Core Knowledge kids learn more in NYC pilot

Second graders scored significantly higher in reading comprehension at New York City schools using the Core Knowledge curriculum compared to similar students at other schools, reports the New York Times. Core Knowledge students also did better on tests of social studies and science knowledge.

The pilot tracked 1,000 students at 20 schools from kindergarten through second grade. Most of the comparison schools used “balanced literacy,” which mixes phonics and comprehension strategies and stresses reading fiction.

. . . children are encouraged to develop a love of reading by choosing books that are of interest to them. Teachers spend less time directing instruction, and more time overseeing students as they work together.

Reading nonfiction writing is the key component of the Core Knowledge curriculum, which is based on the theory that children raised reading storybooks will lack the necessary background and vocabulary to understand history and science texts. While the curriculum allows children to read fiction, it also calls on them to knowledgeably discuss weather patterns, the solar system, and how ancient Egypt and Mesopotamia compare.

Balanced literacy works well for children whose parents read to them daily,  said Katie Grady, principal of Public School 104 in Far Rockaway, Queens. “For my children, who are economically disadvantaged, they needed something more, and the Core Knowledge pilot had it,” Ms. Grady said.

Core Knowledge will mesh well with the new Common Core Standards, which call for teaching as much nonfiction as fiction.

I’m tutoring a first-grade boy this year. He loves to read about science: He likes bugs, the slimier the better. He also likes sci-fi: Star Wars, super-heroes and robots. He used the word “predator” correctly.

A return to “Death and Life”

I have been enjoying my recent return to Diane Ravitch’s latest book, The Death and Life of the Great American School System (Basic Books, 2010). I have read the book many, many times; I edited it and was research assistant during the final stages of revision. After dozens of readings, the book remains absorbing, invigorating, and beautiful.

As I read it this time, it occurs to me that the central error of Balanced Literacy is very similar to the error of implementing Balanced Literacy (or any other model) across a system. Ravitch’s book draws an implicit and compelling parallel between the two errors.

Balanced Literacy makes the mistake of putting the “strategy” at the center of instruction. Ravitch describes the approach in chapter 3:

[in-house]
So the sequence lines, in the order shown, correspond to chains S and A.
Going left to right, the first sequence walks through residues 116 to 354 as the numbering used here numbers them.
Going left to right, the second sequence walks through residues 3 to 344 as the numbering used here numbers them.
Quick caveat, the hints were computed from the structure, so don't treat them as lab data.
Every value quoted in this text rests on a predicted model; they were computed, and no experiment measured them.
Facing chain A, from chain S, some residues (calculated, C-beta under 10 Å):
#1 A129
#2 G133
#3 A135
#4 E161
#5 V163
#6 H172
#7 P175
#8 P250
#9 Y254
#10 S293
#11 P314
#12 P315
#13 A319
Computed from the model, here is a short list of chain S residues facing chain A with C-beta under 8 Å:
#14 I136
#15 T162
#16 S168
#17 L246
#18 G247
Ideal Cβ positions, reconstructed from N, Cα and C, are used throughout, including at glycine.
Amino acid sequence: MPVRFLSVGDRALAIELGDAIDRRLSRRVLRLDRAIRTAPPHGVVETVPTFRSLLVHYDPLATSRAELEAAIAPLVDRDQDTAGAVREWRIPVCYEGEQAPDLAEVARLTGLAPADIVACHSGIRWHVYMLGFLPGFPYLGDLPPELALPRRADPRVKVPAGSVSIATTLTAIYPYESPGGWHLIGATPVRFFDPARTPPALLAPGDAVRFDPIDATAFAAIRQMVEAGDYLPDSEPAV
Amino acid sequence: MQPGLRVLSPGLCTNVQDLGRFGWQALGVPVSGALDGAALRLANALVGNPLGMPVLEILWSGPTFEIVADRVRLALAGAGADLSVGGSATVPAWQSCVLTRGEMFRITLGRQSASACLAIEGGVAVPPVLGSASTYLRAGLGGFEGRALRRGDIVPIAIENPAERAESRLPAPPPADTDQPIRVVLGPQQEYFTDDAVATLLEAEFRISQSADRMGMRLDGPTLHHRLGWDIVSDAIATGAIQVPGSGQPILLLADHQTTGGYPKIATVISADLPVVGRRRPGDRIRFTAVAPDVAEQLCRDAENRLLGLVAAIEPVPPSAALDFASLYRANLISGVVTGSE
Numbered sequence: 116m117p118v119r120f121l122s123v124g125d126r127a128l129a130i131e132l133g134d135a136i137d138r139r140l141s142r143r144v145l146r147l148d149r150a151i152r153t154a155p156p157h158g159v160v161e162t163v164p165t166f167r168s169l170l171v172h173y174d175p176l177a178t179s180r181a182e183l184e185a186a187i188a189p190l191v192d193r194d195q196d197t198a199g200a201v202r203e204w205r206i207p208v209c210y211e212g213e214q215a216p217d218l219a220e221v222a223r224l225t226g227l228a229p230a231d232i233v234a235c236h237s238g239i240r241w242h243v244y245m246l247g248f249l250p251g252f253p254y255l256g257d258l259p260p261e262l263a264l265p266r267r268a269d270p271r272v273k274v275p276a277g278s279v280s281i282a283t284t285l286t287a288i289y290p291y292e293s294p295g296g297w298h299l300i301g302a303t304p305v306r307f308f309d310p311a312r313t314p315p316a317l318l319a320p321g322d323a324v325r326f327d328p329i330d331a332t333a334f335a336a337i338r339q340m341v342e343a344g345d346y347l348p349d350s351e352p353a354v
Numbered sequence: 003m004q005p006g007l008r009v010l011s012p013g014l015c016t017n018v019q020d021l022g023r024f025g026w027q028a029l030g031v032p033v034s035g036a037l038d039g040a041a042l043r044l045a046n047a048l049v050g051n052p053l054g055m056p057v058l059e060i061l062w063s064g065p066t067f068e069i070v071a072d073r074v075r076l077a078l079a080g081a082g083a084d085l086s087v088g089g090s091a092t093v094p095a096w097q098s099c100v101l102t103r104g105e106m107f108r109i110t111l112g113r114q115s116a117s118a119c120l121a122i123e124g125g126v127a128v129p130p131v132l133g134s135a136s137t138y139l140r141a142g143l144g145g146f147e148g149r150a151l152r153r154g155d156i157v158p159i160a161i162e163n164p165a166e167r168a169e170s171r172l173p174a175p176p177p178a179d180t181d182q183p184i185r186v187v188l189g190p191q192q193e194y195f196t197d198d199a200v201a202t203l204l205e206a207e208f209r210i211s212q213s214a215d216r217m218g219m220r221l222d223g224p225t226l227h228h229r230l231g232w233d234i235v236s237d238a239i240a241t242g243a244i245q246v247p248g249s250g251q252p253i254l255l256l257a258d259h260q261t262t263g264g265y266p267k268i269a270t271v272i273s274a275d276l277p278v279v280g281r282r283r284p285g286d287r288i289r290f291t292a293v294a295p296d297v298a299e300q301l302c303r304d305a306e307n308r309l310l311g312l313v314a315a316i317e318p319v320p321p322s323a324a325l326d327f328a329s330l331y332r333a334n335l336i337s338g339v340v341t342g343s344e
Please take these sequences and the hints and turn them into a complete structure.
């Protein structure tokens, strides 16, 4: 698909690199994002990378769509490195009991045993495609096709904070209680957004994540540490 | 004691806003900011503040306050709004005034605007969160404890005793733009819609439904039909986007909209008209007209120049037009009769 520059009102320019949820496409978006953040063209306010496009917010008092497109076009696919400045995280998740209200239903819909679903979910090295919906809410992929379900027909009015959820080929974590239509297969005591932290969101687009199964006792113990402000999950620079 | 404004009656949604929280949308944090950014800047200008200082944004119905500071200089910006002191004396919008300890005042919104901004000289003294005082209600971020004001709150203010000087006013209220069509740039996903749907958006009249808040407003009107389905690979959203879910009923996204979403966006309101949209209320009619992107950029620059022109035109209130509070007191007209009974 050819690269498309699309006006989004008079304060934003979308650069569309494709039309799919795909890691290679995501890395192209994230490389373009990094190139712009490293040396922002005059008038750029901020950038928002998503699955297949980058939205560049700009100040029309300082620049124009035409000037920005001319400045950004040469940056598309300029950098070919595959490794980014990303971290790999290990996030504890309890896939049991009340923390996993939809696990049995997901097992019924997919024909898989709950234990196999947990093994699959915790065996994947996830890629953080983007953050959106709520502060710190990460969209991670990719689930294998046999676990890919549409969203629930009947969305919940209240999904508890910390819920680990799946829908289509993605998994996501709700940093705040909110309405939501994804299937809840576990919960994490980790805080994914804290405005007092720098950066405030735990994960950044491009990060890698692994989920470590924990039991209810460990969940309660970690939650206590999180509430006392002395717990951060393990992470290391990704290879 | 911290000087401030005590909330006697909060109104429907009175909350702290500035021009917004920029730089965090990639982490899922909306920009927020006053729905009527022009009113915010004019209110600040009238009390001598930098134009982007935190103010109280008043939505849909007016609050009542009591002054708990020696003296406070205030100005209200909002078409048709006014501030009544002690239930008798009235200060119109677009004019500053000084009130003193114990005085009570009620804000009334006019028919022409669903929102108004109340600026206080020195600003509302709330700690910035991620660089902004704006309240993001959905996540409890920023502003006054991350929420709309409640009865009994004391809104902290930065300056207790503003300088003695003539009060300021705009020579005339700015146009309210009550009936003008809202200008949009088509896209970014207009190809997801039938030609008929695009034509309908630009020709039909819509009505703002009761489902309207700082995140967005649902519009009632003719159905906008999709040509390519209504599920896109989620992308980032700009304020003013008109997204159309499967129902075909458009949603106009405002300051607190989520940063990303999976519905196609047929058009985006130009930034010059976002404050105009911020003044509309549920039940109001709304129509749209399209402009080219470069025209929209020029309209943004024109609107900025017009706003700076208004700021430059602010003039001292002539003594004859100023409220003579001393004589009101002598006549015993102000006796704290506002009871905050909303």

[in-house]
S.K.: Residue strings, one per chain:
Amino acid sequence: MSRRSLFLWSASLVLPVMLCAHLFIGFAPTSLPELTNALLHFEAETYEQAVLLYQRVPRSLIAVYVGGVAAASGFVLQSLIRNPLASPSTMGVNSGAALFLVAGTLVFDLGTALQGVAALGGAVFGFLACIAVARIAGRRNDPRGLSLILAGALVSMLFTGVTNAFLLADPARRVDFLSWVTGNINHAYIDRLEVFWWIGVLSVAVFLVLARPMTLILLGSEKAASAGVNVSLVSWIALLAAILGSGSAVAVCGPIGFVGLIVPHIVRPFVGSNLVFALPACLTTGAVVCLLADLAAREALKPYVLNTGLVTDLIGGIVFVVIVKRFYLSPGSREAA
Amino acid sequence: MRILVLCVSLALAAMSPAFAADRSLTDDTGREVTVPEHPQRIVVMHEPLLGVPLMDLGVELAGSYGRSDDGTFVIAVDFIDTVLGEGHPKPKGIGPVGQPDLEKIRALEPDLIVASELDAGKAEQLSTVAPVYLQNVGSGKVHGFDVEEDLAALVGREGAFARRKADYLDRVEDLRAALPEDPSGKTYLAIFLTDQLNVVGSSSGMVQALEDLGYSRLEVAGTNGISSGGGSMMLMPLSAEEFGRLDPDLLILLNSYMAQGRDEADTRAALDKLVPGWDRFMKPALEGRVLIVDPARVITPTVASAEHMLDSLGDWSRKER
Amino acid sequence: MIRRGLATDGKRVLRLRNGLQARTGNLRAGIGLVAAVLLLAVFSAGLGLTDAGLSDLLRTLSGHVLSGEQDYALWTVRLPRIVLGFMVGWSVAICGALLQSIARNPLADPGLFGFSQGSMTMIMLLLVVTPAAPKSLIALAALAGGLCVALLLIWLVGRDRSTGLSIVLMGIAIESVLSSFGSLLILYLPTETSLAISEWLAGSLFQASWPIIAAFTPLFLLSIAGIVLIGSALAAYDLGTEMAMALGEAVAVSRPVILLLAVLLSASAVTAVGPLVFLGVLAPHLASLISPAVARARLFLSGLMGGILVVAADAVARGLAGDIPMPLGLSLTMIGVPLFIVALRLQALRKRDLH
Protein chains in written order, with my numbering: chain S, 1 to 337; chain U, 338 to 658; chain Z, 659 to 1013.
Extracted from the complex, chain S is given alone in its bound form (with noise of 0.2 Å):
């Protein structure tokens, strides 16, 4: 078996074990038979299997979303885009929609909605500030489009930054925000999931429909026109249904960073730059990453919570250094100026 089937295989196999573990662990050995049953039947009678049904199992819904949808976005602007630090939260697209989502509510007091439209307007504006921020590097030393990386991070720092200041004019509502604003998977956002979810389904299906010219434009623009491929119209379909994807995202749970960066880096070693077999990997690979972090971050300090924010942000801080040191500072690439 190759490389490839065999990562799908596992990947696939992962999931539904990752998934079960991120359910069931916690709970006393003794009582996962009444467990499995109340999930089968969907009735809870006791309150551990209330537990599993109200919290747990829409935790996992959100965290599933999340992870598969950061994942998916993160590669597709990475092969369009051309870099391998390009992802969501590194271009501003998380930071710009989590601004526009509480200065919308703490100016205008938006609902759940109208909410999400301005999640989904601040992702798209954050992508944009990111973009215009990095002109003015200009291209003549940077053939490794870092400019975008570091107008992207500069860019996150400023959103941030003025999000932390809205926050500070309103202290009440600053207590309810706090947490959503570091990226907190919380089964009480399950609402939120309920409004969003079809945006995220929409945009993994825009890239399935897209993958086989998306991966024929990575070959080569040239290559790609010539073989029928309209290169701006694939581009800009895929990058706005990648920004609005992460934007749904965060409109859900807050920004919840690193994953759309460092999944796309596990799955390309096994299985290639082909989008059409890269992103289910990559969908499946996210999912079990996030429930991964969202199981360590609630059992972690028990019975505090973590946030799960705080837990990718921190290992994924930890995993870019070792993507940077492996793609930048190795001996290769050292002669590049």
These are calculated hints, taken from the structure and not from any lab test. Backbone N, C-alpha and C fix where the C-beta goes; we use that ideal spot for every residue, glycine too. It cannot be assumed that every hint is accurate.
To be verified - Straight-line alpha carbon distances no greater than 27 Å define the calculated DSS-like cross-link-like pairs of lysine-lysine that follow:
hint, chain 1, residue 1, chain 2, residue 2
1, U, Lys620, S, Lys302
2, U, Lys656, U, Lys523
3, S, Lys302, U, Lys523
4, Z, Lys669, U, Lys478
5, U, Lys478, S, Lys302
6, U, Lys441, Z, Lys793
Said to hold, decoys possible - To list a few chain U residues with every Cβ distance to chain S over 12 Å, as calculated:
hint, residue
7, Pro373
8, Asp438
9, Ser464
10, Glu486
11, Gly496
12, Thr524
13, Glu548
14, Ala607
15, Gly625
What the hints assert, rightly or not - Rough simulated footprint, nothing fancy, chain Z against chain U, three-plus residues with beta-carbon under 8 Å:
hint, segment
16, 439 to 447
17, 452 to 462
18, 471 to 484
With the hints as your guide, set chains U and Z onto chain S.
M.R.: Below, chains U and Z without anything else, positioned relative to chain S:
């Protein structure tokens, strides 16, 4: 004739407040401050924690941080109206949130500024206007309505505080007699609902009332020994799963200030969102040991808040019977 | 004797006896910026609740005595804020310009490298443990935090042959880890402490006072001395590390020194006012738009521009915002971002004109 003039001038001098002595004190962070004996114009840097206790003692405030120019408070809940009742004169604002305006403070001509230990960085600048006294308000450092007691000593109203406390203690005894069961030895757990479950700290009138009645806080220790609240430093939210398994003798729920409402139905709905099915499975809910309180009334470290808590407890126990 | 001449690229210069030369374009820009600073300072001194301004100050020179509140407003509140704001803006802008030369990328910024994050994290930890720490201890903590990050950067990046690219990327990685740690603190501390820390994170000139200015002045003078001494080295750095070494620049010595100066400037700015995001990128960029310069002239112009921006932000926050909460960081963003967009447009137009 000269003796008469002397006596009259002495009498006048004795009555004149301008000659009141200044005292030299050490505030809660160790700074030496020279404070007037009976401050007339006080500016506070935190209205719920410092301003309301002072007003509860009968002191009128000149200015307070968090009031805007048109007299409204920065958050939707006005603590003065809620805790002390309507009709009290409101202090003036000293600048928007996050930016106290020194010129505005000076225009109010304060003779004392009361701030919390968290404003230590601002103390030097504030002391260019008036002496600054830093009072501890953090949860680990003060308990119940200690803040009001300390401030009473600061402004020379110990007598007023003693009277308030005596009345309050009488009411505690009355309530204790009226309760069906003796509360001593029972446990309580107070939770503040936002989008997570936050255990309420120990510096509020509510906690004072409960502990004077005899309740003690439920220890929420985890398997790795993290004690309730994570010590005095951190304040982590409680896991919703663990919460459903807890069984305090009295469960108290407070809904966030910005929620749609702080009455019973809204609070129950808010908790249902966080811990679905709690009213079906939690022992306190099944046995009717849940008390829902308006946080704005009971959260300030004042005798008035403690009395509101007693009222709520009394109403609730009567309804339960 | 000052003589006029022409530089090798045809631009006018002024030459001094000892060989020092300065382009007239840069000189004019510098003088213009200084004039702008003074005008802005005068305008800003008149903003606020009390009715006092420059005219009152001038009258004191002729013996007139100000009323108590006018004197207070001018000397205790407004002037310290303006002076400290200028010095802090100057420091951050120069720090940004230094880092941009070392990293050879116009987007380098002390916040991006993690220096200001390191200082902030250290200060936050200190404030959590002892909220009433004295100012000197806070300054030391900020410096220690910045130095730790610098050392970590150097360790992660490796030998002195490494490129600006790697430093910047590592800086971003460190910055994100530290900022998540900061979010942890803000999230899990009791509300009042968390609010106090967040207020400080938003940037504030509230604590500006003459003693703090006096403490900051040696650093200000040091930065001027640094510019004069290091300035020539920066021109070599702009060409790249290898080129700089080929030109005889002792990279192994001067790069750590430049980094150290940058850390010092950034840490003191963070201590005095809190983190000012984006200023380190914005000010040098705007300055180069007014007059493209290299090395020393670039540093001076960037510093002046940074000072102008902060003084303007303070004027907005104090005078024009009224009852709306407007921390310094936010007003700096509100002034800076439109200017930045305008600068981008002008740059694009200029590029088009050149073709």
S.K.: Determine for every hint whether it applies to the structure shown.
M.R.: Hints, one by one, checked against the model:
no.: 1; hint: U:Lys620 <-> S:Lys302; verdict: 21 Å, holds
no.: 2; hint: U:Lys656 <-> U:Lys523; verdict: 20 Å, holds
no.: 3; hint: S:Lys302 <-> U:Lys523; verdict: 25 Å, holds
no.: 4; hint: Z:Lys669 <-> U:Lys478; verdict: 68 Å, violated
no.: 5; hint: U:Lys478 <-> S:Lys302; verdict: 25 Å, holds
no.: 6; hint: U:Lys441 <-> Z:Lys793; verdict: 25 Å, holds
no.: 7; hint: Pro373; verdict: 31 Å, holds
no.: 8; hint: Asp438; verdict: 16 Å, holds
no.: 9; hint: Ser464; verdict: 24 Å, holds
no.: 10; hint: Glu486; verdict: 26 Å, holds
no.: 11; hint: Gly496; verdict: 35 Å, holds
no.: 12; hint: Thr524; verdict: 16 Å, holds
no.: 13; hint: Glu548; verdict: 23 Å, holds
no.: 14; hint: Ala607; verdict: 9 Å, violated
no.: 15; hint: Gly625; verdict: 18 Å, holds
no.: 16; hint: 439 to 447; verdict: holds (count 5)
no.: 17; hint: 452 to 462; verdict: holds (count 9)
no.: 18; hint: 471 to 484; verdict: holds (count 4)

Teachers are supposed to teach the prescribed strategies and procedures, and the students (alone or in groups) are expected to practice their reading strategies and refer to them by name. A student might say, for example, “I am visualizing,” “I am summarizing,” “I am making a text-to-self connection,” “I am making a prediction,” or “I am making an inference.”

The emphasis on strategies is misguided (in my opinion). Reading strategies, taught and applied generically, can distract from the text and distort its meaning. What’s more, one learns much more about literature from close reading of specific literature than from instruction in the strategies themselves. The strategy approach is supposed to apply to all students and texts, but each text should be approached on its own terms. Of course, patterns and general practices do emerge, but they come out of the careful reading and attentive listening.

So there’s the central error: taking a so-called strategy, which is ill-defined to begin with, and applying it to an array of situations, without carefully considering the specifics.

A similar error can be found in the very act of mandating Balanced Literacy across a district. Ravitch describes how Balanced Literacy migrated from District 2 in New York City to the entire school system of San Diego and then back to New York City as a whole. [Read more...]

Teachers still have genres in Minnesota

Schools have decided to adopt Balanced Literacy in District 719, Prior Lake-Savage, Minnesota.

But it’s not all bleak. Teachers will still be able to assign some books. According to the Savage Pacer,

Every reading class – which includes all K-5 classrooms and grade six through eight reading and English classes – will receive a “classroom library” consisting of around 250 age-appropriate fiction and nonfiction books from a variety of genres, said Greene. But despite the new approach to give students an array of reading options, teachers still will be able to assign some texts to entire classes.

“There’s going to be a balance,” the coordinator said. “It’s not going to be always that free-for-all reading. Teachers still have genres and they still have to introduce students to different things.”

What’s wrong with the existing curriculum? It’s “one size fits all,” says Greene.

Well, so is Balanced Literacy, but in a different way. Balanced Literacy focuses on reading strategies. Dan Willingham argues–and I agree–that content knowledge affects reading comprehension more profoundly than reading strategies do. But teachers under BL must focus on strategies nonetheless.

The phrase “one size fits all” is another example of the “witchery of words.” Anything can be called “one size fits all.” We must ask, one size of what? And all of whom?